Search Images Maps Play YouTube News Gmail Drive More »
Sign in
Screen reader users: click this link for accessible mode. Accessible mode has the same essential features but works better with your reader.

Patents

  1. Advanced Patent Search
Publication numberUS7687932 B2
Publication typeGrant
Application numberUS 12/150,593
Publication dateMar 30, 2010
Filing dateApr 29, 2008
Priority dateSep 13, 2001
Fee statusPaid
Also published asCN1554144A, DE50214445D1, EP1425840A2, EP1425840B1, EP2230750A2, US7205678, US7385305, US7385306, US7893555, US20040232704, US20070222226, US20070222227, US20080315594, US20100140955, WO2003023943A2, WO2003023943A3
Publication number12150593, 150593, US 7687932 B2, US 7687932B2, US-B2-7687932, US7687932 B2, US7687932B2
InventorsMatteo Casazza, Andreas Mair, Otto Pabst
Original AssigneeHigh Technology Investments B.V.
Export CitationBiBTeX, EndNote, RefMan
External Links: USPTO, USPTO Assignment, Espacenet
Wind power generator and bearing structure therefor
US 7687932 B2
Abstract
The invention relates to a wind power current generator comprising a bearing, a tubular stator that carries a race of the bearing, a tubular rotor coaxial with the tubular stator that can rotate in relation to the stator, a hub connected to the rotor, and at least two blades radially extending away from the hub. According to the invention, the stator and the rotor are formed with substantially tubular cross sections and are concentric to one another. The opposing surfaces of the rotor and stator carry permanent magnets and windings. The stator and rotor extend beyond either side of the magnets and the windings in order to accommodate an antifriction bearing on at least one side. The tubular nature of the rotor and stator allows easy passage of workers within the generator for maintenance thereof and of the blades. Additionally, the tubular nature facilitates air flow through the structure and out the blades, cooling equipment within the structure and aiding de-icing of the blades.
Images(4)
Previous page
Next page
Claims(7)
1. A wind power generator connectable to a support structure and comprising:
a hollow tubular stator without a drive shaft structure to form a passage for maintenance;
a hollow rotor mounted coaxially outside the stator;
a plurality of magnetic field generators including permanent magnets mounted on the rotor;
a plurality of windings mounted on the stator and facing the magnetic field generators; and
a plurality of radially projecting spaced apart cooling fins coupled to an external surface of the rotor such that heat produced by the windings is conducted to the cooling fins, the heat being removed from the cooling fins by air passing around the wind power generator.
2. The wind power generator of claim 1 wherein the cooling fins project substantially transversely to the external surface of the rotor.
3. A wind power generator connectable to a support structure and comprising:
a hollow stator;
a hollow tubular rotor mounted coaxially inside the stator and without a drive shaft structure to form a passage for maintenance;
a plurality of magnetic field generators including permanent magnets mounted on the rotor;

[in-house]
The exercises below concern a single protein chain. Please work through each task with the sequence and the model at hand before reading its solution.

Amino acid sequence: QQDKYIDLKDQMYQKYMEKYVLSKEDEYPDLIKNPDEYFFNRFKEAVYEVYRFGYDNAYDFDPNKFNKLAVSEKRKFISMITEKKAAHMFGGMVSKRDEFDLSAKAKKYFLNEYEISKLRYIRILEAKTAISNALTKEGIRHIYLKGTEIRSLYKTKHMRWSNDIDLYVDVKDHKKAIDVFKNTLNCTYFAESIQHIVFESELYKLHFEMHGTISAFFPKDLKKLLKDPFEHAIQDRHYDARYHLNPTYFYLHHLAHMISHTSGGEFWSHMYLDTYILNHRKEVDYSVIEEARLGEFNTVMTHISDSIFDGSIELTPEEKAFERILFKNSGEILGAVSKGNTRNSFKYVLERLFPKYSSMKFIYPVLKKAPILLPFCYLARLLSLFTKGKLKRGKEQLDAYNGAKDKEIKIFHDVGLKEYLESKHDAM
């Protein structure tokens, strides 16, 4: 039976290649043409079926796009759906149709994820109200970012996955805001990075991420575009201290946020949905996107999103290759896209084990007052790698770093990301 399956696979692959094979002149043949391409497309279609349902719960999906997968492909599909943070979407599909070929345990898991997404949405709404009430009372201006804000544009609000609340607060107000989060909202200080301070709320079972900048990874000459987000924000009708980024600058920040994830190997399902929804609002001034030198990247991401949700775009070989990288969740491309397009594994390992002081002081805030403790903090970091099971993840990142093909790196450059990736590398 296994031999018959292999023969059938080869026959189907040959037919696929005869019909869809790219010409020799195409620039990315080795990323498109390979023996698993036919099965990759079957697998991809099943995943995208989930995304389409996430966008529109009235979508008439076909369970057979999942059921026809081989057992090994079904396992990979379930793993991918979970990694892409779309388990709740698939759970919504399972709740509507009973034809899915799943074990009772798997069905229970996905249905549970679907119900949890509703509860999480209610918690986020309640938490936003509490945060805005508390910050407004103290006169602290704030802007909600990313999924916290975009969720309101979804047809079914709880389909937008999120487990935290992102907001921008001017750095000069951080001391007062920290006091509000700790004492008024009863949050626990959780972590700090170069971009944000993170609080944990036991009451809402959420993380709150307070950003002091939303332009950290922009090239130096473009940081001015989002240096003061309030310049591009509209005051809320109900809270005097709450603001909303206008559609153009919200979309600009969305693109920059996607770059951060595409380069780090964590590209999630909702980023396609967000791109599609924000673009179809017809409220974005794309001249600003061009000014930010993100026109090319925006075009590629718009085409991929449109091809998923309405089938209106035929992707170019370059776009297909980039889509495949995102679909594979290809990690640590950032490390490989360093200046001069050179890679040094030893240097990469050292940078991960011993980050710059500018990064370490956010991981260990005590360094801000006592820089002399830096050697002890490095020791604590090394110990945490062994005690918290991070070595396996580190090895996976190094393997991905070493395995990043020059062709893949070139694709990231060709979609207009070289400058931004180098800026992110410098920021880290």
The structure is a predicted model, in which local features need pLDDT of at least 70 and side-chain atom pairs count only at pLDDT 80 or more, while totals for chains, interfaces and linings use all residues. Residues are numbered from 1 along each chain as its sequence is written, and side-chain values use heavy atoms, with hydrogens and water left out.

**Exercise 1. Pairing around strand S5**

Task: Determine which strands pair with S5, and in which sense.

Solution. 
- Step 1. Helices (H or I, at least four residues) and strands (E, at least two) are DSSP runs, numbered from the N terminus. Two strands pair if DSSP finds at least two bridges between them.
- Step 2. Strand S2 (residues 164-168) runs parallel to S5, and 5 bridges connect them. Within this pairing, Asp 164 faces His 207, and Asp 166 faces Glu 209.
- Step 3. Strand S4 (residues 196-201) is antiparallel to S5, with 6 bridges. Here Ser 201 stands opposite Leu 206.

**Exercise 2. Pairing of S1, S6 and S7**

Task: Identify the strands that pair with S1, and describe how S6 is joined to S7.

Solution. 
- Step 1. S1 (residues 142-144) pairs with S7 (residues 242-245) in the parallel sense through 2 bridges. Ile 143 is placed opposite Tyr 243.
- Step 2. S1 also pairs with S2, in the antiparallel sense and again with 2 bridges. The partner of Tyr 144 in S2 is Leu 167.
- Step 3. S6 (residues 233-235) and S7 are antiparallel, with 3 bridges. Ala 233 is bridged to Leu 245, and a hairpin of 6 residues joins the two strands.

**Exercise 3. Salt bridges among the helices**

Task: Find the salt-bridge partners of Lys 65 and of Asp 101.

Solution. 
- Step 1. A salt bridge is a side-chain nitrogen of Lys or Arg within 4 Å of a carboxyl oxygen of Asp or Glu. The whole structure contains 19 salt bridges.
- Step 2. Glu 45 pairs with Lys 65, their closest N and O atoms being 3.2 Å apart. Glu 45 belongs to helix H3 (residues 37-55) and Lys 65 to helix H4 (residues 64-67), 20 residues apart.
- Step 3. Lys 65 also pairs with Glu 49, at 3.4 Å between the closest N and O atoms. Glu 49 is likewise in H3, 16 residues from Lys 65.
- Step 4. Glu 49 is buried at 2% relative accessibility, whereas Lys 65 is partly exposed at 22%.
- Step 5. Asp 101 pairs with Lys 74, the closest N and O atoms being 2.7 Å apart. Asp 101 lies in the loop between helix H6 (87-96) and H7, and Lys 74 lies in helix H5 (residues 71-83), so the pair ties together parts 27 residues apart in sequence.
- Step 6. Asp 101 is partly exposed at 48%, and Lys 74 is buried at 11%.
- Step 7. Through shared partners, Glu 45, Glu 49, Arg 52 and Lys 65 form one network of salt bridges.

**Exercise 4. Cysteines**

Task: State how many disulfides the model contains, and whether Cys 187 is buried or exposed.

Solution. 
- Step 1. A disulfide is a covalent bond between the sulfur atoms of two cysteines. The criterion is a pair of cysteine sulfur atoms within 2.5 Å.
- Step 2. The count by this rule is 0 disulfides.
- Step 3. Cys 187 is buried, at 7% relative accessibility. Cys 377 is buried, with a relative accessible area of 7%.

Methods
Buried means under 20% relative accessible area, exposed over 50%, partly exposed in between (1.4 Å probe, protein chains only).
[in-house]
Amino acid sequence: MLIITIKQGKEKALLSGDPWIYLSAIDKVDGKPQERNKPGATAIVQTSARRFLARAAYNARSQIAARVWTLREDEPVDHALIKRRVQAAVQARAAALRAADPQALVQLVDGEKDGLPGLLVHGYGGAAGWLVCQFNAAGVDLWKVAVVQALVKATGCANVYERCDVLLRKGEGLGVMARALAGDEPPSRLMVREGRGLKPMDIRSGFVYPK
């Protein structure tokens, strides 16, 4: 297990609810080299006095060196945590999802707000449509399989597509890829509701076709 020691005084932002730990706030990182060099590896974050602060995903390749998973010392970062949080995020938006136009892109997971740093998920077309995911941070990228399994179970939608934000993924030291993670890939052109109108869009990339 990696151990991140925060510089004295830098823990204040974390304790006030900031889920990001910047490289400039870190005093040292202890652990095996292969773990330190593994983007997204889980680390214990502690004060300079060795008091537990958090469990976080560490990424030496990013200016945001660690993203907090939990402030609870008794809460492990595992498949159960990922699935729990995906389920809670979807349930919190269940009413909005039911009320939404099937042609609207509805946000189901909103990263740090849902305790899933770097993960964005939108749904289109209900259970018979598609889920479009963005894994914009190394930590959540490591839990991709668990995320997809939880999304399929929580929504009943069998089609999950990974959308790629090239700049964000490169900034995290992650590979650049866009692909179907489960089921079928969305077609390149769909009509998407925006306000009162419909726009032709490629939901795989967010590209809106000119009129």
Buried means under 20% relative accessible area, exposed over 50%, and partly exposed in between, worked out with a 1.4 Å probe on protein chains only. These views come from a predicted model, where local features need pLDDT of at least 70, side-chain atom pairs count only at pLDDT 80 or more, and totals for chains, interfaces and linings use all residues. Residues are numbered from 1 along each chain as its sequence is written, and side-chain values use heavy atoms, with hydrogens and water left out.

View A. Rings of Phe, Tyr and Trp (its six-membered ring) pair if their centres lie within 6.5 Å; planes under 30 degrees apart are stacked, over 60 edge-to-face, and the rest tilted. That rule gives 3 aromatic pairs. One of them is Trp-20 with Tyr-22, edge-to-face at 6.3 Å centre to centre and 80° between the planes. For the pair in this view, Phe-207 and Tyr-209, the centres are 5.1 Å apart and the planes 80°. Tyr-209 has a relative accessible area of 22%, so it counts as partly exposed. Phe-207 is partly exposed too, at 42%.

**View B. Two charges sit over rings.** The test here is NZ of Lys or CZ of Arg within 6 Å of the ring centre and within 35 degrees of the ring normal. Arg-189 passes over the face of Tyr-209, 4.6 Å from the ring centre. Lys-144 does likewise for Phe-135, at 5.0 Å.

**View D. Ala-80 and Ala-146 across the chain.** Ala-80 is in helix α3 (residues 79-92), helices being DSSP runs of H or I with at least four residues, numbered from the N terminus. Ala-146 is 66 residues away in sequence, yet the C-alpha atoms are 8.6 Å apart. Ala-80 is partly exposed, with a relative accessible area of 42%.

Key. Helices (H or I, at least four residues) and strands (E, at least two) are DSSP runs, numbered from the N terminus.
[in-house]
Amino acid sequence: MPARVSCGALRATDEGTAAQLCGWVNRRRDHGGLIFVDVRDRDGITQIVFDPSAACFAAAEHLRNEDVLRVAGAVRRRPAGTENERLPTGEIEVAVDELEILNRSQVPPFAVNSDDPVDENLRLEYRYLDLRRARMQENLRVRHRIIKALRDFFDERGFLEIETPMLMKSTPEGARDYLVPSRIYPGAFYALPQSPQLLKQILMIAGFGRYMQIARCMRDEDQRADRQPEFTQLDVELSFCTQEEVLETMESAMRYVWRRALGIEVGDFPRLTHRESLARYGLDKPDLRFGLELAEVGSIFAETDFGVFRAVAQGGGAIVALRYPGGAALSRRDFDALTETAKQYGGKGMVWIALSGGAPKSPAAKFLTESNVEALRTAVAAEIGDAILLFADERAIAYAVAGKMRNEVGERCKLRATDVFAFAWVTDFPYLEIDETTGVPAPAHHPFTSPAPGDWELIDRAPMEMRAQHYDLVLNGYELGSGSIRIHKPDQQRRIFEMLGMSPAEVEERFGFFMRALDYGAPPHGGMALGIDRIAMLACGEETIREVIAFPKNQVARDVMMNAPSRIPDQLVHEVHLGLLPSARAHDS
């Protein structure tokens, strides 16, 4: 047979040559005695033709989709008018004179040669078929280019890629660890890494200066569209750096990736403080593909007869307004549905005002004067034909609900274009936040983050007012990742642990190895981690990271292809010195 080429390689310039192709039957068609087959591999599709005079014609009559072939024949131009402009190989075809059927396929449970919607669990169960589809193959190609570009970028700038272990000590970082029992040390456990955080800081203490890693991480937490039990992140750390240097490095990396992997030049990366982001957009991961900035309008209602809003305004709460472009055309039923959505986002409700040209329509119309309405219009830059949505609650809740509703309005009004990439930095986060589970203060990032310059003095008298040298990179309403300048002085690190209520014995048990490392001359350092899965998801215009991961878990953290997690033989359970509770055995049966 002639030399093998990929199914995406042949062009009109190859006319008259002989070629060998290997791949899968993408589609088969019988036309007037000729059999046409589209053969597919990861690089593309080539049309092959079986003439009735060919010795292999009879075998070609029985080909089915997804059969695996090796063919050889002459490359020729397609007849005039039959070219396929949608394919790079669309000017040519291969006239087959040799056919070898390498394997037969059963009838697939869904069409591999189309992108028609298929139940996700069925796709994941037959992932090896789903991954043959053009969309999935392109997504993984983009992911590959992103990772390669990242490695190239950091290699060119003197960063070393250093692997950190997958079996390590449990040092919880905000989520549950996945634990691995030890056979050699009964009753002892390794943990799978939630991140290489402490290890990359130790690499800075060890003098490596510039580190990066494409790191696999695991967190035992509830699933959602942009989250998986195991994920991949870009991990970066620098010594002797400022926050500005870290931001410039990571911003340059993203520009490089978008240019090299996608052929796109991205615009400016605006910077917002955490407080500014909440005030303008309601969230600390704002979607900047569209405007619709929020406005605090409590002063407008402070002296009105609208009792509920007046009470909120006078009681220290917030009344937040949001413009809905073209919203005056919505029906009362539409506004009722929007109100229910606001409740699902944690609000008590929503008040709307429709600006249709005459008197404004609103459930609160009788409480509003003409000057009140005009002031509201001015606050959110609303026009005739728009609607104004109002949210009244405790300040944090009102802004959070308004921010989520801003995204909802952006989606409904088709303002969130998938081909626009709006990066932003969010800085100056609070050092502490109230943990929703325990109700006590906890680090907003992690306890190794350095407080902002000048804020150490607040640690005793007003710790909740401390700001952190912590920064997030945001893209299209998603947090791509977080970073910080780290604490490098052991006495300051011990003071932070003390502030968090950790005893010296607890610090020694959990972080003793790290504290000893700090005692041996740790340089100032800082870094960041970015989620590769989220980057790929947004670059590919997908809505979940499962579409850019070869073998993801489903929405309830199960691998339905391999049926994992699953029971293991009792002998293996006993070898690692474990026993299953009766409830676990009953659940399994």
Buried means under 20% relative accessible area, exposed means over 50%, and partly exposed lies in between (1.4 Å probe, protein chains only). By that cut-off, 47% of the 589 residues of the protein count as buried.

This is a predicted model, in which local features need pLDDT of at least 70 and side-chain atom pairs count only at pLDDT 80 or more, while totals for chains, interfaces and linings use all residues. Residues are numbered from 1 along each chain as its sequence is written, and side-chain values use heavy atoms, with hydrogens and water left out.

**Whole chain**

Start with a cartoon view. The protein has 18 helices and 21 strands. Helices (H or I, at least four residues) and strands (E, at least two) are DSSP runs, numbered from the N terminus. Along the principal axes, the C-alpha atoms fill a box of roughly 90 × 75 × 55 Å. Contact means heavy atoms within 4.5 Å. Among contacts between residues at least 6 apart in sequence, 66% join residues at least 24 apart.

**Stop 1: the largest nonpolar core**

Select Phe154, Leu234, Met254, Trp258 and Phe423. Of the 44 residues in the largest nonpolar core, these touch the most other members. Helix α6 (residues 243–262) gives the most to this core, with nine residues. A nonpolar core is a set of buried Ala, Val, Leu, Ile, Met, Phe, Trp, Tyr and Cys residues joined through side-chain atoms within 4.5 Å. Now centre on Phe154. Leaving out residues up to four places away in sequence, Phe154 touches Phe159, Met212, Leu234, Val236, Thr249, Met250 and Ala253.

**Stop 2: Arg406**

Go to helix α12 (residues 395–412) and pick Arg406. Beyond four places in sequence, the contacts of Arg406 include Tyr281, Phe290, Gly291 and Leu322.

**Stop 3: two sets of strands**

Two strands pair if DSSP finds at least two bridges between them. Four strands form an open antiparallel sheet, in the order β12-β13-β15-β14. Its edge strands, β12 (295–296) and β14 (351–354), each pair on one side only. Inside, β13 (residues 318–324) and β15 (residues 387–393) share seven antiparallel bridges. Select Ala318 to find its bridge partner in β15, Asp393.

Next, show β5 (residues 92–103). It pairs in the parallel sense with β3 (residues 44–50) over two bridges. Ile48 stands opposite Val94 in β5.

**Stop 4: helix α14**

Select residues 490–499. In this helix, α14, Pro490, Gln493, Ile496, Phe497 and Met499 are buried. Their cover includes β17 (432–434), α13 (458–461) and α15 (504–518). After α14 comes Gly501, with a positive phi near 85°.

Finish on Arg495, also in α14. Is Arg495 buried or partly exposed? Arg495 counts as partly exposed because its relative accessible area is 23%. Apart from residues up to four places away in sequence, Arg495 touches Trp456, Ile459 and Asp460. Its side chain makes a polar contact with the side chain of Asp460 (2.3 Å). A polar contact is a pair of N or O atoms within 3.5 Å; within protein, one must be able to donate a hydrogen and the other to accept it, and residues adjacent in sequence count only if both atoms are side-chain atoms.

a plurality of windings mounted on the stator and facing the magnetic field generators; and
a plurality of radially projecting spaced apart cooling fins coupled to an external surface of the stator such that heat produced by the windings is conducted to the cooling fins, the heat being removed from the cooling fins by air passing around the wind power generator.
4. The wind power generator of claim 3 wherein the cooling
fins project substantially transversely to the external surface of the stator.
5. The wind power generator of claim 3 wherein the radial cooling fins extend from the outer surface of the stator in a substantially equally spaced apart relationship to one another.
6. The wind power generator of claim 3 wherein the fins extend parallel to the longitudinal axis of the stator.
7. A wind power generator connectable to a support structure, said wind power generator comprising:
a hollow stator;
a bearing supported by the stator;
a hollow tubular rotor mounted inside the stator and supported by the bearing so that the rotor can rotate relative to the stator and is coaxial with the stator and is without a drive shaft structure to form a passage for maintenance;
a plurality of magnetic field generators including permanent magnets mounted on the rotor;
a plurality of windings mounted on the stator and facing the magnetic field generators; and
a plurality of radially projecting spaced apart cooling fins coupled to an external surface of the stator such that heat produced by the windings is conducted to the cooling fins, the heat being removed from the cooling fins by air passing around the wind power generator.
Description
PRIORITY

This application claims priority to U.S. application Ser. No. 11/735,249 which claims priority to U.S. application Ser. No. 10/489,726, itself a National Stage application of International Patent Application No. PCT/IB2002/03741, filed 9 Sep. 2002 and claiming priority to Italian Patent Application No. BZ2001A000043, this instant application being a Divisional Application thereof, claims the benefit of the filing date and priority date thereof, and hereby incorporates the disclosures thereof by reference.

CROSS-REFERENCE TO RELATED APPLICATIONS

This application is a Divisional of application Ser. No. 11/735,249, which is a Divisional of application Ser. No. 10/489,726 (now U.S. Pat. No. 7,205,678) and is related to U.S. patent application Ser. No. 11/735,270, also a Divisional of application Ser. No. 10/489,726, the disclosures of which are hereby incorporated by reference.